4. How many days per week will trash be picked up? The document says 5 days per week, but I believe I previously read “every day.”
  5. The projected truck turnaround patterns for CVS/Trader Joe’s are untenable and likely to shut down the street for extended periods of time. All these contortions go away if Terminal Road can be connected, but only if the southern route is selected. The northern path (through the heart of the substation) will actually make truck deliveries worse.
  6. In light of recent fire safety concerns tied to the construction of large, stick-built, multi-family projects, we would respectfully request a completed fire safety planto protect neighboring residents and businesses during construction.
  7. The applicant should assess the feasibility of preserving the Abt interior courtyard and its mature trees and plants for the residents, for the neighborhood, for open space, for the temperature of the urban environment, and for local climate mitigation. Such physical space with historic notes can inform the future of the past: the elements of invention, public service, and thought that have always gone on in Cambridge as a contribution to the life of the future.  This connection adds texture to what otherwise has been and is, sterile development housing short-term residents.

Related to that last point, there has been much mention of the “possibility” of ownership units in the southern building (Building #1), but nowhere in the application is this mentioned in writing. We would request that such ownership units be made a condition of the applicant’s Special Permit.

Thank you for considering our comments; we look forward to continued discussion. In the meantime, please don’t hesitate to contact us should you have further questions.

Yours sincerely,

The Officers of the Fresh Pond Residents Alliance

 

City Council Candidate Answers on Fresh Pond-Alewife Issues

  1. What do you see as the two most important issues facing the Fresh Pond-Alewife area?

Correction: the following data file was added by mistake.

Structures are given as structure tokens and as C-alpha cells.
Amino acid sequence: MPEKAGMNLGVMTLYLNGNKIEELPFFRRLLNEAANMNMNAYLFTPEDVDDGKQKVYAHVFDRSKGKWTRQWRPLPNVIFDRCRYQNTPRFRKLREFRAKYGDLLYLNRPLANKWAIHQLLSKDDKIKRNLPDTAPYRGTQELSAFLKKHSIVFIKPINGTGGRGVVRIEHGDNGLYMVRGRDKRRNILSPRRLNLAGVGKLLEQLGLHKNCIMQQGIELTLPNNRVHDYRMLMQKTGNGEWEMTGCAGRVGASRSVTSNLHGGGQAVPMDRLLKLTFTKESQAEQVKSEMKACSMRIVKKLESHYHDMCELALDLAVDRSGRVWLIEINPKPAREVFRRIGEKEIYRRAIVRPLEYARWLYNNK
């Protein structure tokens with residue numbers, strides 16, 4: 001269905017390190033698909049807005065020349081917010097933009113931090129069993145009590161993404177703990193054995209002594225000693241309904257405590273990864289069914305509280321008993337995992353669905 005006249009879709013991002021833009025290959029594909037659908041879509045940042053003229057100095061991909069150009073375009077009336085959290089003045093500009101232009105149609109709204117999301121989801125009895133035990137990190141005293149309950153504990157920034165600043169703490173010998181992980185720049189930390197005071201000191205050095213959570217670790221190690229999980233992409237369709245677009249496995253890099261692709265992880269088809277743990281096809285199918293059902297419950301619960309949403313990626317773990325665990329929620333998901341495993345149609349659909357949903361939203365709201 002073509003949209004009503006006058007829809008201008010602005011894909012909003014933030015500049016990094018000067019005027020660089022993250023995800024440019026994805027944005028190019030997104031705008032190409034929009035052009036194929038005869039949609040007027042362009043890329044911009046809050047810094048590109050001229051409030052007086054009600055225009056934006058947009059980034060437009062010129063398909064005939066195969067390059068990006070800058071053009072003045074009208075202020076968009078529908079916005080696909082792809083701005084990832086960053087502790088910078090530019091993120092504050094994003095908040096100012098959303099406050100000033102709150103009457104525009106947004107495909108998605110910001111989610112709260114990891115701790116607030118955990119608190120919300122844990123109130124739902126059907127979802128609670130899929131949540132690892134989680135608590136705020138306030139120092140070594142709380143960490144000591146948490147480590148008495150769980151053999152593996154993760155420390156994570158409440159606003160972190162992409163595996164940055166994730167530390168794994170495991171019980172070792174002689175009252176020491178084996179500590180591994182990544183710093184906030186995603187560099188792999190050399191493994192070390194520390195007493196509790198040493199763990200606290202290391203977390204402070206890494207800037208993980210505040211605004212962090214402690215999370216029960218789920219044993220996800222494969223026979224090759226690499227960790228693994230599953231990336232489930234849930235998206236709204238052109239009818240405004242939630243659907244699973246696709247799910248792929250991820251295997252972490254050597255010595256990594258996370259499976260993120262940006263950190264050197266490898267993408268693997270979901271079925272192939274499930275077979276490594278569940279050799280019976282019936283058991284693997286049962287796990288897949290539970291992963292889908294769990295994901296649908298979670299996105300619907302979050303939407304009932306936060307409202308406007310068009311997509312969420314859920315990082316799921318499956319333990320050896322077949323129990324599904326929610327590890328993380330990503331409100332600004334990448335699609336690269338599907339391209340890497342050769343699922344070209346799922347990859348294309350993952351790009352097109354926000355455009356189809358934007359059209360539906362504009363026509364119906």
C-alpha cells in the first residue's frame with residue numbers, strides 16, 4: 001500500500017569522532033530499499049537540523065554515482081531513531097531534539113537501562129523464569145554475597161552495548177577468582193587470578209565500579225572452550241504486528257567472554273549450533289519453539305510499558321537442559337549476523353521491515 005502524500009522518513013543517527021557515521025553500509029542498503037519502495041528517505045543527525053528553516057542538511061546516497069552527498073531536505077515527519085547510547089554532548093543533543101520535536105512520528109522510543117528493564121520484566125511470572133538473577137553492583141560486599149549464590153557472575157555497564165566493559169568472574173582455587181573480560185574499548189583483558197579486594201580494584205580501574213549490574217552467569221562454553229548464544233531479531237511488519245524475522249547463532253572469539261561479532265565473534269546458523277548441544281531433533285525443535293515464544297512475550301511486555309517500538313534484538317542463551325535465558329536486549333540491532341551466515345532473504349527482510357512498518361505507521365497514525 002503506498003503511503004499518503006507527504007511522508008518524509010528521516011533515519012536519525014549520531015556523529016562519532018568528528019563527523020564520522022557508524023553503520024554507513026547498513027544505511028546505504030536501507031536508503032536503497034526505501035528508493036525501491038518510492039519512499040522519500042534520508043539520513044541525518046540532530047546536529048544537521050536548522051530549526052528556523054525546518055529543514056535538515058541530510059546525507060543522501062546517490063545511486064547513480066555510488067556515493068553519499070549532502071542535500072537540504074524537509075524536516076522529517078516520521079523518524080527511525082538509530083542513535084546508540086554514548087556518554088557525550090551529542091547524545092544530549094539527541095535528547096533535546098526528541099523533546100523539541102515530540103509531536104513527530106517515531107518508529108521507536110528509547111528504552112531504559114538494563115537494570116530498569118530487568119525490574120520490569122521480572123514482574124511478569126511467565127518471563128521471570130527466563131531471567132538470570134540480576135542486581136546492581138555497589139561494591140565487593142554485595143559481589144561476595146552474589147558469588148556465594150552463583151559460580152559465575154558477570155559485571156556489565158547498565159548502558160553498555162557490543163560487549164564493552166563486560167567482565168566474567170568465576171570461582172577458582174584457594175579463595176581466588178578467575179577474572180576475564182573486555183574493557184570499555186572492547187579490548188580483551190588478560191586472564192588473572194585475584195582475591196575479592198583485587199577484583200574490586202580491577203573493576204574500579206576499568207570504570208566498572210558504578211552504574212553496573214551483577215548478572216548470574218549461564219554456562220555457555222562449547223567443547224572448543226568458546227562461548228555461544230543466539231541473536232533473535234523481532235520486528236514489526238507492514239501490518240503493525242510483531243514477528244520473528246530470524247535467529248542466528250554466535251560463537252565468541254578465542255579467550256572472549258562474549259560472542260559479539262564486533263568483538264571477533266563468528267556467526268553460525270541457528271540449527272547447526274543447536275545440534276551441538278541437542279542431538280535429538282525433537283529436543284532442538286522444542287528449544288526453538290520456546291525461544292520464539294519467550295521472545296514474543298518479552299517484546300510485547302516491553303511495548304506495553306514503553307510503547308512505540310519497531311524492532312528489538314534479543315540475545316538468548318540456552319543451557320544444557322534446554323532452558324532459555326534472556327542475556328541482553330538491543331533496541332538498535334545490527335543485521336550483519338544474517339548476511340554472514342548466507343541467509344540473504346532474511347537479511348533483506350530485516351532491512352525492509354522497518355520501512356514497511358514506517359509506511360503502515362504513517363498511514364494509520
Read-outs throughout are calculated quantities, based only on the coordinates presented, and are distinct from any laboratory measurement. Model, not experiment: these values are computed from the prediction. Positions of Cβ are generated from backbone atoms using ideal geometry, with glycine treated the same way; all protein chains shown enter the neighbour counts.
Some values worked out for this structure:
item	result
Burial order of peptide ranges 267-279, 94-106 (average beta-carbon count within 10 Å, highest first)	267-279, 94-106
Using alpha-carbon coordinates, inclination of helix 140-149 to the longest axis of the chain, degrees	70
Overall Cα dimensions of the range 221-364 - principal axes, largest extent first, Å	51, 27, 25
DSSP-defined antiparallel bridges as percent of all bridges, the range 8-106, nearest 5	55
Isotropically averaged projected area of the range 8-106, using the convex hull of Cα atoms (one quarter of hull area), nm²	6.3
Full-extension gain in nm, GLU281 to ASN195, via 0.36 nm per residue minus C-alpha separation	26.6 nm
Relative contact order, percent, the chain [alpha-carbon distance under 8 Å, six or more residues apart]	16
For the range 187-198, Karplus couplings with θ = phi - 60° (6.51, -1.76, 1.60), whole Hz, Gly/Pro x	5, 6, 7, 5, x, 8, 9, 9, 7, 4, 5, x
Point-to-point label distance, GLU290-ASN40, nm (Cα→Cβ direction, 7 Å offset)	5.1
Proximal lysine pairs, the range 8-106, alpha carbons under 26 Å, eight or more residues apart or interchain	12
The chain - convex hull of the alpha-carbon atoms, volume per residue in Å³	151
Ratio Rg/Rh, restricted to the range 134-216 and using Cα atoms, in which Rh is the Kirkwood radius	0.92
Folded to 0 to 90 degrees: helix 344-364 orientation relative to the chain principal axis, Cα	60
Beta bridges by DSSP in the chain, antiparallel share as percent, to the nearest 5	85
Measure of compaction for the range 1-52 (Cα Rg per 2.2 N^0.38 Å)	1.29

2. What specific policy or regulatory actions would you take as a City Councilor to address them?

Dennis Carlone

I believe the two most important issues facing the Fresh Pond/Alewife area both relate to the infill of the area along Concord Avenue to the north of Fresh Pond itself. Namely, we must focus on the need for strong neighborhood building and the need for true sustainability of any new development in the area.

We must design with, rather than on top of nature to strike an environmental balance. This means building with flood mitigation and retention in mind, limiting heat island buildup, and buffering the residential neighborhood from surrounding traffic noise. A key component of this effort would be maximizing non-auto travel around Fresh Pond and Alewife. We could do this by establishing shuttle bridges and internal shuttles that serve the Alewife station and encourage Commuter Rail and Red Line use instead of solo car travel. Focusing on residential over commercial development would help reduce added car traffic and meet some of the City and region’s housing needs. This type of nature and transit-centric design will aid us in building a strong Alewife neighborhood that can connect naturally to the existing Fresh Pond neighborhood.

Building a strong neighborhood requires creating a district identity: something that expresses Cambridge’s best attributes in a way that suits this specific area. New development in the area should be primarily residential and human-scaled. Residential use more easily creates a sense of Place as public infrastructure improvements would be geared, naturally, to serve the localized neighborhood needs and desires. This includes a strong network of local and highly walkable and bike-able low-speed streets/paths and residential squares/fields; community facilities like elementary schools, pre-K centers, and a neighborhood library; open space; and small, local retail. Human-scale development encourages personal community connections and helps support local businesses better than commercial development can.

To bring these ideas to fruition, I would incorporate them into the city-wide master plan which I have championed since my first term. I would also re-evaluate the present Envision Alewife plan to better integrate all the above issues in a unified way. With mostly residential and limited, small-scale commercial development, we could build the required infrastructure using a tax increment financing strategy.

Jan Devereaux